Emma Larson, a senior at Lemoore High School. Ms. Larson plans to attend University of California to pursue a career in agricultural communications. She is an honors student and a member of the California Scholastic Federation. Additionally, she has been an active member of Future Farmers of America holding several leadership positions.

Alexis Garcia, a senior at Tranquillity High School. Mr. Garcia plans to attend University of California, Berkeley to pursue a degree in integrative biology. He is an honors student involved in Future Farmers of America, ASB Leadership and basketball.

Rianne Banuelos, a senior at Riverdale High School. Ms. Banuelos plans to attend Westmont College to pursue a degree in art and English. She is an honors student who was actively involved in Link Crew, Physics Club, Student Government and Leadership Class. Additionally, she has participated in a considerable amount of volunteer work.

Each scholarship recipient will receive $1,000 to be used for community college or university expenses. Applicants were judged on their academic performance, school activities and community leadership. Each applicant submitted an essay on an agricultural-related topic.

“Westlands is honored to provide this assistance for these outstanding student leaders,” said Tom Birmingham, general manager of Westlands. “These scholarships represent a small gesture of thanks and support to the communities on the west side of the San Joaquin Valley that make our region such a productive and vibrant place.”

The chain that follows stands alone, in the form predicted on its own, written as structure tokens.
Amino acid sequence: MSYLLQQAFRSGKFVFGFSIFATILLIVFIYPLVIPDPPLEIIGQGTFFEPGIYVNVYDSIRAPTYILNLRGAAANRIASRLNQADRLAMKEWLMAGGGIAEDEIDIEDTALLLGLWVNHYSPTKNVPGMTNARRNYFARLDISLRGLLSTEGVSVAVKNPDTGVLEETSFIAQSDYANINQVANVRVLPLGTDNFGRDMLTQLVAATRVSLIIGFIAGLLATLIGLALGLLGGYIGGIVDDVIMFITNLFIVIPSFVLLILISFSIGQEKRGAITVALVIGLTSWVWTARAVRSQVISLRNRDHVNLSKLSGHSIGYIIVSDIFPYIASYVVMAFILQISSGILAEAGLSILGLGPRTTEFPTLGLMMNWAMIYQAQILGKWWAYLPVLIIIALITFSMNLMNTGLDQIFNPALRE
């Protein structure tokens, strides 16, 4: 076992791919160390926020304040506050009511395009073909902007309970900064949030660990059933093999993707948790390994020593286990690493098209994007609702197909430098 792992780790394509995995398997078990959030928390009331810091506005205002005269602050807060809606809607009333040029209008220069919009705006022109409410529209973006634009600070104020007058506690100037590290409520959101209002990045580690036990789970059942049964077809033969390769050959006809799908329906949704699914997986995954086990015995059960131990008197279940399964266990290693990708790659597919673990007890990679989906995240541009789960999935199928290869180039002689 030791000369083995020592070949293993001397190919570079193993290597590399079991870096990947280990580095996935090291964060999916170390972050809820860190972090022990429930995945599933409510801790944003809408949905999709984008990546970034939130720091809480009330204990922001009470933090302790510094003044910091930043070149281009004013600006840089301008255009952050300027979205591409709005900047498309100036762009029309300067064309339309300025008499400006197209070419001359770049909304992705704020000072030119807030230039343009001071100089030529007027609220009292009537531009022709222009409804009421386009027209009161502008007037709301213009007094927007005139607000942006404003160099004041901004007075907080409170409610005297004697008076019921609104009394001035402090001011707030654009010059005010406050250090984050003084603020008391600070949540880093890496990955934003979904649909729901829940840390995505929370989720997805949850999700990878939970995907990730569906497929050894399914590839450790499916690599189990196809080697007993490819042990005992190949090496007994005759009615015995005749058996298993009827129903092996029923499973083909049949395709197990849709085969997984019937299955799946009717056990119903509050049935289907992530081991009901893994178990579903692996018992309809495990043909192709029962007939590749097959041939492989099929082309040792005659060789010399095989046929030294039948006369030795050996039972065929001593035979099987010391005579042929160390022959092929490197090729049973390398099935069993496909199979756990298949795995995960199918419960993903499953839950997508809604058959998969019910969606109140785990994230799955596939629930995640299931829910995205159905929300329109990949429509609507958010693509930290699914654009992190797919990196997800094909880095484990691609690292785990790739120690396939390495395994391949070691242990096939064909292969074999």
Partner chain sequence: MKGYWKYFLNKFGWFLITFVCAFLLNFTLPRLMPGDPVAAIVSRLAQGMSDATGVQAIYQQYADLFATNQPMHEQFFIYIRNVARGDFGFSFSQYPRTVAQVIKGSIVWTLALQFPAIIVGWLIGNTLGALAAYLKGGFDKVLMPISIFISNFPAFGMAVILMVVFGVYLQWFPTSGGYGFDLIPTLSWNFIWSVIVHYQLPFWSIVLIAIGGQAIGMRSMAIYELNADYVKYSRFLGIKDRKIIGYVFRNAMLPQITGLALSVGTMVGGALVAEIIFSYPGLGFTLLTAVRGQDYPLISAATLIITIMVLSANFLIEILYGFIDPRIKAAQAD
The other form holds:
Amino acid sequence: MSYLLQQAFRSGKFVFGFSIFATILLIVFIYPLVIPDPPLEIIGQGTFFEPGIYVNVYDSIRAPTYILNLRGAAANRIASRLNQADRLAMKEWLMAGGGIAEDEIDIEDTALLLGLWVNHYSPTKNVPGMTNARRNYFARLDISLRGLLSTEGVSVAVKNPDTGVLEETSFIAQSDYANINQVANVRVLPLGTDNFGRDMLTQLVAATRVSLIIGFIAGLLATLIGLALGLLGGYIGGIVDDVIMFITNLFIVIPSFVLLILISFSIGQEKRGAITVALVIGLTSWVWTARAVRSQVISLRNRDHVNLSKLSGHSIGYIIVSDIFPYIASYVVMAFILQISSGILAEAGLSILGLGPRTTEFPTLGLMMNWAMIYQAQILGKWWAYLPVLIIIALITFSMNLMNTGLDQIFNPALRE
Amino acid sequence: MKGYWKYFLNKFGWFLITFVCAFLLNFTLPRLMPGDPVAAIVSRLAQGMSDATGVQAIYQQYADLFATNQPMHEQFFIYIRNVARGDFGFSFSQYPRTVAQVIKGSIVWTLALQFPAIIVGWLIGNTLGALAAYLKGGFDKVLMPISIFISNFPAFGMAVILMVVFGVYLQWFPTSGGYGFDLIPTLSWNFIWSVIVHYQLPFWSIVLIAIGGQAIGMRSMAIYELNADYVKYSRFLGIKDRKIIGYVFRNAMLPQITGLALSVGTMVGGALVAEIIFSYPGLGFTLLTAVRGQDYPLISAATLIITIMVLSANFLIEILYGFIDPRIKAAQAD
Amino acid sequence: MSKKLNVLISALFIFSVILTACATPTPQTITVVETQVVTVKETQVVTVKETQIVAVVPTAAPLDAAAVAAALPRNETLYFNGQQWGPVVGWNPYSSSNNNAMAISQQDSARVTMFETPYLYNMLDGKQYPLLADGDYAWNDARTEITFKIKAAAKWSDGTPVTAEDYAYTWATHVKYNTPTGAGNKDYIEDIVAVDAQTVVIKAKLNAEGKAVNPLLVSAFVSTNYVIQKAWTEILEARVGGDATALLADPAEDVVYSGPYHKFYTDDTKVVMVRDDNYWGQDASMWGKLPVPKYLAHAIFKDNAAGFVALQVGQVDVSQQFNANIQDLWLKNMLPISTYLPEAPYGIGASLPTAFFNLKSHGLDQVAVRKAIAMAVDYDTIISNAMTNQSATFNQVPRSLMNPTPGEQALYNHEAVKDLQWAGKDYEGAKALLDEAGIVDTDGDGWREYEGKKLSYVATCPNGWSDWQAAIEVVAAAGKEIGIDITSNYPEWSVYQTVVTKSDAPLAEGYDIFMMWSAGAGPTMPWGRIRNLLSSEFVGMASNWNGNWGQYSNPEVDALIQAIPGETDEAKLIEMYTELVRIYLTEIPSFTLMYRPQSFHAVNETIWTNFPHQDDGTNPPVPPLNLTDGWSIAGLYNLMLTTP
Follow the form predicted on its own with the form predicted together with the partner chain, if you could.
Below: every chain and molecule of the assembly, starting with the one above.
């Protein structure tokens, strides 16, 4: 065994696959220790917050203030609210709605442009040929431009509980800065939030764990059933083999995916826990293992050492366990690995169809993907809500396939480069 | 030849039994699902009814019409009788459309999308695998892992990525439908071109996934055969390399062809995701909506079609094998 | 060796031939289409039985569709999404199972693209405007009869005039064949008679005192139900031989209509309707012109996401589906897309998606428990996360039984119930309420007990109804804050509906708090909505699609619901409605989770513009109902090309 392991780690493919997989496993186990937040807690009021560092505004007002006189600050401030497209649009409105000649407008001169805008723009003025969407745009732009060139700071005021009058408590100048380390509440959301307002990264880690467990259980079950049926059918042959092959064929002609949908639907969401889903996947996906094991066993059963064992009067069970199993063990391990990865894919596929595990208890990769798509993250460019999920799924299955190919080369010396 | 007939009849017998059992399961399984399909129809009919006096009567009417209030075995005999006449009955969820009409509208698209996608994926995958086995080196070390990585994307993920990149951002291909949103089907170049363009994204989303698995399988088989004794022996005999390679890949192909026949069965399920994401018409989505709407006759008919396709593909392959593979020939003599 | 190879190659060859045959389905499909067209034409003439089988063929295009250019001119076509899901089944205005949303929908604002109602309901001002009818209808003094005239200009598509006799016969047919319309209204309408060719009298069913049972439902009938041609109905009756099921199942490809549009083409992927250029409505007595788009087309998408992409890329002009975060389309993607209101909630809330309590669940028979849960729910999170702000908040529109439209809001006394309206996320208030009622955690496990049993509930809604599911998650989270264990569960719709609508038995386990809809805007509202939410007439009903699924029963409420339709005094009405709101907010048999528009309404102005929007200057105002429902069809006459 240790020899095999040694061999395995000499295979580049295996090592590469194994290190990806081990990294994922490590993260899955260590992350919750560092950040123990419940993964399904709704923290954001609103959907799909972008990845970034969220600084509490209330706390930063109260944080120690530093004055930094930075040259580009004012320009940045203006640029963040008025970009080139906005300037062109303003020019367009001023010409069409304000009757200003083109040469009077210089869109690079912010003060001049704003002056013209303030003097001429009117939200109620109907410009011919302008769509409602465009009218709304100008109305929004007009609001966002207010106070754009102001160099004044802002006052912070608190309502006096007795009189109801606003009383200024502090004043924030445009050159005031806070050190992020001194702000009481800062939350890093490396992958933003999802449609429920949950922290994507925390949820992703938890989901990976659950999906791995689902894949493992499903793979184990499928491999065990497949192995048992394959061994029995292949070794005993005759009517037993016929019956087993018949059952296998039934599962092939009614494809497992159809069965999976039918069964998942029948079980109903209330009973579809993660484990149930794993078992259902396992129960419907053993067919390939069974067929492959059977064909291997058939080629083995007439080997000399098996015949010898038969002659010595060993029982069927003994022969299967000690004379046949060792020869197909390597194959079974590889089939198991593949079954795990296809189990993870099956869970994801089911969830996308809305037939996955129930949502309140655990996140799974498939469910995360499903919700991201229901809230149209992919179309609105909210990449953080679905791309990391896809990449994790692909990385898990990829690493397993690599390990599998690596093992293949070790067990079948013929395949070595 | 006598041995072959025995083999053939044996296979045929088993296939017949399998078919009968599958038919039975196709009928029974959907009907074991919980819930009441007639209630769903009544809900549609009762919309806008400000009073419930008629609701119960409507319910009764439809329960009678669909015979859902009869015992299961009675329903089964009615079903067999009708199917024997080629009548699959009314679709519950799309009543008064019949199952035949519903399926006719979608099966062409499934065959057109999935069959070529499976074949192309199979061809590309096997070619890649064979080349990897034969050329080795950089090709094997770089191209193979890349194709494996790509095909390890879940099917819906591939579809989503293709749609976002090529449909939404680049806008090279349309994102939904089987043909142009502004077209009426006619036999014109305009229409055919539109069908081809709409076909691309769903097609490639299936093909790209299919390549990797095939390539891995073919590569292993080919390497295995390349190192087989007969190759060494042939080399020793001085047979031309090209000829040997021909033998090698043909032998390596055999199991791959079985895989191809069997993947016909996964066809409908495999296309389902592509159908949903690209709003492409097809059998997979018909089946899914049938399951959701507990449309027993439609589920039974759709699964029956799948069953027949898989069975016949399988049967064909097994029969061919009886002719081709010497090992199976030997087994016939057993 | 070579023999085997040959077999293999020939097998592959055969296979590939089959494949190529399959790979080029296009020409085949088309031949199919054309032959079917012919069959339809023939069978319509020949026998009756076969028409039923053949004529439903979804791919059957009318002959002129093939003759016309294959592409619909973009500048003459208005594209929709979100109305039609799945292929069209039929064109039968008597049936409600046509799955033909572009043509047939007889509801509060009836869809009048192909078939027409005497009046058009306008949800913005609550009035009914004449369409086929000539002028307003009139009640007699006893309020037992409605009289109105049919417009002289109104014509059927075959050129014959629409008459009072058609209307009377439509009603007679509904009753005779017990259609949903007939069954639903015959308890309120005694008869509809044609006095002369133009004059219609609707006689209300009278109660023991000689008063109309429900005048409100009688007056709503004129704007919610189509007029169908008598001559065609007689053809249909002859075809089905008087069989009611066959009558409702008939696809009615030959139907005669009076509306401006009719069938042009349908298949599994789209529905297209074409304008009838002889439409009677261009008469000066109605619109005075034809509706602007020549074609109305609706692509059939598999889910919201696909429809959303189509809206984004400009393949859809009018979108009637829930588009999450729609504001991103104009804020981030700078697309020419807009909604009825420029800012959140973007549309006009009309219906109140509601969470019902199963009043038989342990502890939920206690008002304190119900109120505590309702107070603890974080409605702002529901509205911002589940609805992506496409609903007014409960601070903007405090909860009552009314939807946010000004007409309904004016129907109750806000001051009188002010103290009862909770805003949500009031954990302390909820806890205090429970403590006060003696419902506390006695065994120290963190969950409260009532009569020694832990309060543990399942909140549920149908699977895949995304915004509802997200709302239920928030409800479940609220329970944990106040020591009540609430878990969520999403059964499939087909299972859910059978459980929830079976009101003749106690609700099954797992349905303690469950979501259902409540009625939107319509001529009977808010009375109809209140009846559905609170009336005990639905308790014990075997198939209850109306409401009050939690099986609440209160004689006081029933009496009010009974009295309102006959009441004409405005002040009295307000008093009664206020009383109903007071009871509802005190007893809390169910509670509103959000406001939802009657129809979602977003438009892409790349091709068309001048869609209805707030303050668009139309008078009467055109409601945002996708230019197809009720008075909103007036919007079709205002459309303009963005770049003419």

Cal Ag Today would like to congratulate each of these outstanding students on their achievements and wish them the best of luck on their future endeavors.

The Groundbreaking of the New Jordan Research Center to Take Place on June 13

Source: http://www.fresnostate.edu/jcast/jrc/

As the flagship university in the top agricultural region in the world, Fresno State is a fitting home for a world-class research center to discover and investigate the most advanced concepts and practices of agriculture, food and natural resources.

The new Jordan Research Center at Fresno State fosters collaboration between some of the brightest minds in agriculture, engineering, science and mathematics. The 30,000-square-foot facility is slated for groundbreaking in spring 2014, reinventing Fresno State as a leading research institution for decades to come.

Please join Fresno State for the groundbreaking of the new Jordan Research Center on June 13.

JRC

Secretary Ross Joins Elementary School Students to Experience Mobile Dairy Classroom

Source: Tammy Anderson-Wise, CEO Dairy Council of California

Earlier this month, CDFA Secretary Karen Ross joined students at Sacramento’s Pacific Elementary School for a visit from the Mobile Dairy Classroom, where an instructor shared fun facts like: cows have built-in fly swatters, and milk is warm when it comes out of the udder.

As the original farm to school program in California, Mobile Dairy Classroom has brought a bit of the dairy farm to schools across the state since the 1930s.

To help children better appreciate where their milk and milk products come from, the free assemblies provided by the Dairy Council of California teach children about agriculture and cows, healthy eating from all five food groups, and how to lead healthy, active lifestyles.

Mobile Dairy Classroom assemblies augment the Dairy Council of California’s classroom nutrition education lessons that are also free to schools as part of the dairy industry’s commitment to community health.